The Harry Ransom Center expanded their film and performing arts departments with the purchase of 40 boxes of personal materials belonging to the late married actors Eli Wallach and Anne Jackson.
Wallach, who starred in 60s western “The Good, the Bad and the Ugly,” and Jackson, best known for her work in “The Shining,” were long lauded as method actors. The purchase contains heavily annotated scripts — such as those from playwright Arthur Miller, author of “Death of a Salesman” — that may provide insight into their acting processes.
Steve Wilson, the center’s film curator, said the annotated scripts are some of the most important materials in the new collection.
“The scripts are really beautiful because of the annotations,” Wilson said. “This was a really good collection by a couple of important artists.”
The center announced the acquisition March 6. The materials were purchased by the University for $60,000 and hold a special connection to the school, as Wallach graduated from UT in 1936.
The couple’s marriage spanned 66 years and countless acting achievements, some of which are documented in the acquired materials. Clippings, photos, letters, home videos and awards provide a detailed look into the artistic process and lives of Wallach and Jackson.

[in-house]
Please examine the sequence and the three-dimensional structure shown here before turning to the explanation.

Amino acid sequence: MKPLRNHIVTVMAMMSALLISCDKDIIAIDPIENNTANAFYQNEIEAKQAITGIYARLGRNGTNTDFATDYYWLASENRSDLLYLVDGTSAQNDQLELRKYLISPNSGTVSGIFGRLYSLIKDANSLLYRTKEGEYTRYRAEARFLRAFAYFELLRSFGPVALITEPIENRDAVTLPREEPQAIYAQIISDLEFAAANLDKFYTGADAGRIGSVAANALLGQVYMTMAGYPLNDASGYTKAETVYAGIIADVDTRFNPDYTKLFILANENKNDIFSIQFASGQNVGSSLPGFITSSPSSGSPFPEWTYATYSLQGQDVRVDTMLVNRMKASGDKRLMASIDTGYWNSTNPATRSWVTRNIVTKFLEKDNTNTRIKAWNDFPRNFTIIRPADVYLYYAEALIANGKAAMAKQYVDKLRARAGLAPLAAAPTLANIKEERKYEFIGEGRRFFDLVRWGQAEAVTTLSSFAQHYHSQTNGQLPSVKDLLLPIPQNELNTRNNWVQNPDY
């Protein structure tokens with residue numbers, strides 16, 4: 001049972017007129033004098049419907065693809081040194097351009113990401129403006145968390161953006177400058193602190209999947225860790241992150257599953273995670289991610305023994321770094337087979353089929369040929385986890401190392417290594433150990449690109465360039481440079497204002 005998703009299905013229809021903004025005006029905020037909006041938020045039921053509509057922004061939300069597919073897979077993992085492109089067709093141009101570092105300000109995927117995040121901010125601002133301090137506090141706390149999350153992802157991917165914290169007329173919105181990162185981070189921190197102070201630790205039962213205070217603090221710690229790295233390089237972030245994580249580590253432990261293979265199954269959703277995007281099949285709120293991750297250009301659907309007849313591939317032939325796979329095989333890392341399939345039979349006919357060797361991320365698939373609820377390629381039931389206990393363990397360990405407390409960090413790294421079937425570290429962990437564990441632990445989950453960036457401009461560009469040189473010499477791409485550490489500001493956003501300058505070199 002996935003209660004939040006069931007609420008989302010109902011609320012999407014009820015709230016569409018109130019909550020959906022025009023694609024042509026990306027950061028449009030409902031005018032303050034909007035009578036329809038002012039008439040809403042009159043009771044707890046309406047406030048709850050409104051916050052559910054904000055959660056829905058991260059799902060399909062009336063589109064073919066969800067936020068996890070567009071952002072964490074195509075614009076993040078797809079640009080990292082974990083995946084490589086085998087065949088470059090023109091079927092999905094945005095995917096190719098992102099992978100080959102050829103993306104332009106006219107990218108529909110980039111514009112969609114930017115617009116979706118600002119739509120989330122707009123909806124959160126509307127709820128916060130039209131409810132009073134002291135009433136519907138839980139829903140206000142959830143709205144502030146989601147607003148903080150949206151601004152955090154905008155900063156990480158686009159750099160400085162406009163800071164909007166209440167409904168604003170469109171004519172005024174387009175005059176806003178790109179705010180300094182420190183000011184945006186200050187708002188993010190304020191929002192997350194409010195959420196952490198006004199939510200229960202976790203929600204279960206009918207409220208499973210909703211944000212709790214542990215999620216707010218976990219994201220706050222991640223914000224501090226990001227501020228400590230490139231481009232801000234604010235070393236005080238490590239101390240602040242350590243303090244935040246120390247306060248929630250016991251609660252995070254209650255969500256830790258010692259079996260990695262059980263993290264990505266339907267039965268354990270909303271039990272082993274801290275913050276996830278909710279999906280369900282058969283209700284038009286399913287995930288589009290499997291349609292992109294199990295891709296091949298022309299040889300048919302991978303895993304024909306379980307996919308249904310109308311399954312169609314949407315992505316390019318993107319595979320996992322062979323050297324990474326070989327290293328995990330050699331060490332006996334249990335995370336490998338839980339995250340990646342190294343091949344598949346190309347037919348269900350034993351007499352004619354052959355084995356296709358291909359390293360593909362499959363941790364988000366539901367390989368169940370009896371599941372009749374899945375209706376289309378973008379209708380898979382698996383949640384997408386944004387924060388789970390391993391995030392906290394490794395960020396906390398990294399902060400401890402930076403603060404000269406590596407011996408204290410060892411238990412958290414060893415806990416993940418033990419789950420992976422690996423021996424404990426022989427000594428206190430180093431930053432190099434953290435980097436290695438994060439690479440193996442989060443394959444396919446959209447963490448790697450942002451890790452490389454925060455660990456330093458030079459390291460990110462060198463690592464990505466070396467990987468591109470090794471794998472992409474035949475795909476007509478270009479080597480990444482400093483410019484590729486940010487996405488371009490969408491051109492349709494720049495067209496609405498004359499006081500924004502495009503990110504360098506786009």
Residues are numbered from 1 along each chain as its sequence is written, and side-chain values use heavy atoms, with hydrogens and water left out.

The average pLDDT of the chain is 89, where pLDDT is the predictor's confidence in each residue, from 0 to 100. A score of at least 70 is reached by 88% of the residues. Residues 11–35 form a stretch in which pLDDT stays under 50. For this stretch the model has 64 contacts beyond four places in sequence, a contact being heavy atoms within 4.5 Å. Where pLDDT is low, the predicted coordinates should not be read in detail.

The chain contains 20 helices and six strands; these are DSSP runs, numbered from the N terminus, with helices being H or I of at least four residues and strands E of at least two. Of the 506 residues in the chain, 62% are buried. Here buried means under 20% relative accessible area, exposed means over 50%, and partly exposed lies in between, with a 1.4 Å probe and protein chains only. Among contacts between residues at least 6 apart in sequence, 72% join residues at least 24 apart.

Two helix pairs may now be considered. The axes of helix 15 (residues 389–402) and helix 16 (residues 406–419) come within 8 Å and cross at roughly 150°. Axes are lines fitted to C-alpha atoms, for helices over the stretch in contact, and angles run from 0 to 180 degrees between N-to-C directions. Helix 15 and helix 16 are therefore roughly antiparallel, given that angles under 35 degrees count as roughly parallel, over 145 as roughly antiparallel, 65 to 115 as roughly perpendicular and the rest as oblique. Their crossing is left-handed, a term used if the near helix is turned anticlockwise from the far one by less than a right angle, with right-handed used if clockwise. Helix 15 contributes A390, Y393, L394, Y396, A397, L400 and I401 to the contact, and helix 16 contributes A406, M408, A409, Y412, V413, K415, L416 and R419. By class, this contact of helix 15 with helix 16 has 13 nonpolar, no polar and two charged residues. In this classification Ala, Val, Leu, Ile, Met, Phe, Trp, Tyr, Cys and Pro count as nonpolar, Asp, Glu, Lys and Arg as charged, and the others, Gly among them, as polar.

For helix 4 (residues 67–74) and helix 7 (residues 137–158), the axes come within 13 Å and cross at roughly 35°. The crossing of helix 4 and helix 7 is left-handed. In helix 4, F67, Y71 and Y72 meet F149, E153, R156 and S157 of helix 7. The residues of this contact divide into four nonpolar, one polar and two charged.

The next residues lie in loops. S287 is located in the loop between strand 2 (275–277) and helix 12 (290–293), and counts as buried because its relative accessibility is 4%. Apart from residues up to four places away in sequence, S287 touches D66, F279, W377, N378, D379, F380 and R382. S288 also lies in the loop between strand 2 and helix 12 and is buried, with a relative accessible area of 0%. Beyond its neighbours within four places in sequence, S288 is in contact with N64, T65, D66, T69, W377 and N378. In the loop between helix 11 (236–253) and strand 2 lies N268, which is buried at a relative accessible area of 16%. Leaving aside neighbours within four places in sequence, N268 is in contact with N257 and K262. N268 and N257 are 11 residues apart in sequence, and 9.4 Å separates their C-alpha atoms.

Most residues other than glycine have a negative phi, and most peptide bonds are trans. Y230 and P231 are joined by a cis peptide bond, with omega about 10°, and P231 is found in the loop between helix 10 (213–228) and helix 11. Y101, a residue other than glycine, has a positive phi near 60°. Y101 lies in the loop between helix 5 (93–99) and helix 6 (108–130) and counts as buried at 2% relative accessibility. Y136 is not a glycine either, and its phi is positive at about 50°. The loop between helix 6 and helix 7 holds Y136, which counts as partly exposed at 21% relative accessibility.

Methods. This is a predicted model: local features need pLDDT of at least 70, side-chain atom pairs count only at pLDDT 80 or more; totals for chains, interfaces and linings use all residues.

“These papers supply the perspectives and experiences of actors, a perspective often harder to access than that of writers or directors,” said Charlotte Canning, a theatre and dance professor, in an email.
Wallach received an honorary Oscar in 2010, four years before his death. His wife, Jackson, died after him in April 2016.
“Both actors participated in some of the most important institutions and events of 20th century U.S. theater and film,” Canning said. “There were few aspects of performance in which they weren’t setting the bar for everyone else.”
Wilson said the decision to purchase the papers can be partly contributed to their link to current collections held by the center. The materials complement others in the center’s archives like those of Tennessee Williams and Robert De Niro.
“There were a lot of connections with other archives we have … (so) it was just a really good fit,” Wilson said.
The papers will be available for student use after a period of time, said public affairs representative Suzanne Krause.
“They do have to go through a cataloging process which could take several months and sometimes up to a year,” Krause said.
Krause said the collection arrived at the center in December, and is currently in the beginning stages of the cataloging process.